Emily Rice Published

W.Va. Grapples With IDD Waiver Program

A screen displays a legislative budget bill and the votes cast by lawmakers. The votes read 76 yeas, 25 nays, and 2 absent or not voting. The screen also indicates the bill passed.
In the final hours of the 2024 regular legislative session, lawmakers passed a budget that cut funding for IDD waivers.
Perry Bennett/WV Legislative Photography

The IDD Waiver Program

By connecting people with disabilities with resources like home health care workers and financial support, the Intellectual and Developmental Disabilities (IDD) Waiver program allows people with disabilities to live outside hospitals and institutions.

Department of Human Services (DHS) Secretary Christina Mullins testified before the Joint Standing Committee on Health and Human Resources on Dec. 12, 2023 about the status of the IDD program. 

Alongside her, Robert Hansen, special assistant for IDD at DHS, also testified about the program, stating West Virginia has approximately 33,000 individuals in the state who have a mental, intellectual or developmental disability.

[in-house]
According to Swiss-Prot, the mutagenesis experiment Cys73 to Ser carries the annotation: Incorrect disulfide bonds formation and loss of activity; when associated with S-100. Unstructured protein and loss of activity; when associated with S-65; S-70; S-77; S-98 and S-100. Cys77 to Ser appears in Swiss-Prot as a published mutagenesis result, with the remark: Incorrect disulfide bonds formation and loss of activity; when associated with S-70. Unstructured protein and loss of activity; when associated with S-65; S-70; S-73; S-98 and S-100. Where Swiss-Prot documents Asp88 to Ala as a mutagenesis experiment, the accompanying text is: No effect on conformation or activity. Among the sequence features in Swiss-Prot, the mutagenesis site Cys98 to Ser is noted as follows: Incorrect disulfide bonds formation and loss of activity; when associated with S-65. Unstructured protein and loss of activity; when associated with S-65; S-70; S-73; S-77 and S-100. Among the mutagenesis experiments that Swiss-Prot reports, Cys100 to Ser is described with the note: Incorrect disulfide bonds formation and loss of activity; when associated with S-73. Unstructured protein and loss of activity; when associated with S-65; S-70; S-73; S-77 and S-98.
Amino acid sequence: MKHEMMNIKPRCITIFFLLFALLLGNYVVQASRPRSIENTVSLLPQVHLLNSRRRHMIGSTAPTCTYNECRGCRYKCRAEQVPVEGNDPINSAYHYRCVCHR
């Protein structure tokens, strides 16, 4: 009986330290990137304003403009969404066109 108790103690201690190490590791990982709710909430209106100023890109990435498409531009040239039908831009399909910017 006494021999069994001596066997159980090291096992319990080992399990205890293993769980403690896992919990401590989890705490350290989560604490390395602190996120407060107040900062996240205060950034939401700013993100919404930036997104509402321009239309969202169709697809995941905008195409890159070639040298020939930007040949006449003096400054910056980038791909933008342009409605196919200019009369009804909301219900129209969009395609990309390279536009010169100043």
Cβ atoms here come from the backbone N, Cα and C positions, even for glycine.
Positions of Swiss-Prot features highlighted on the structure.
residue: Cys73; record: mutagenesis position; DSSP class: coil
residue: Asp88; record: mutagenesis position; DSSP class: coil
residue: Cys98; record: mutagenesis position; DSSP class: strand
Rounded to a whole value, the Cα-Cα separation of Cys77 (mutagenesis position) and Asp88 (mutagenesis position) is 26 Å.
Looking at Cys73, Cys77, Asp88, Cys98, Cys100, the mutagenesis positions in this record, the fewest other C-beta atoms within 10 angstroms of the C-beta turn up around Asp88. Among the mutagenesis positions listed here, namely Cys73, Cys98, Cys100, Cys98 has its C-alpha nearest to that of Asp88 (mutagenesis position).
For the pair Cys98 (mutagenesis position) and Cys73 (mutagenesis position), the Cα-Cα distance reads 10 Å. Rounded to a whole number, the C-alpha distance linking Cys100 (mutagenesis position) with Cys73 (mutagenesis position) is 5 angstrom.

“Six thousand of these individuals are currently being served by the IDD waiver program,” Hansen said. “And then we also have 530 individuals who are on the waitlist to enter that program. And today we have approximately 73 individuals who are IDD who are in our two state hospitals.”

Hansen also told the joint committee that workforce shortages place a burden on the IDD system.

“There’s also a lack of specialists that can work effectively with people with IDD, and that includes individuals that are trained in positive behavior support, and then people who are trained in applied behavior analysis,” Hansen said. “These are individuals that can work with patients, clients who are identifying and having serious issues and could be a support and for the direct service staff and helping to develop active treatment plans to address the behavioral issues that may be becoming more and more of a concern.”

Mullins testified that not only are workforce shortages the biggest challenge DHS faces but that those workers need development training.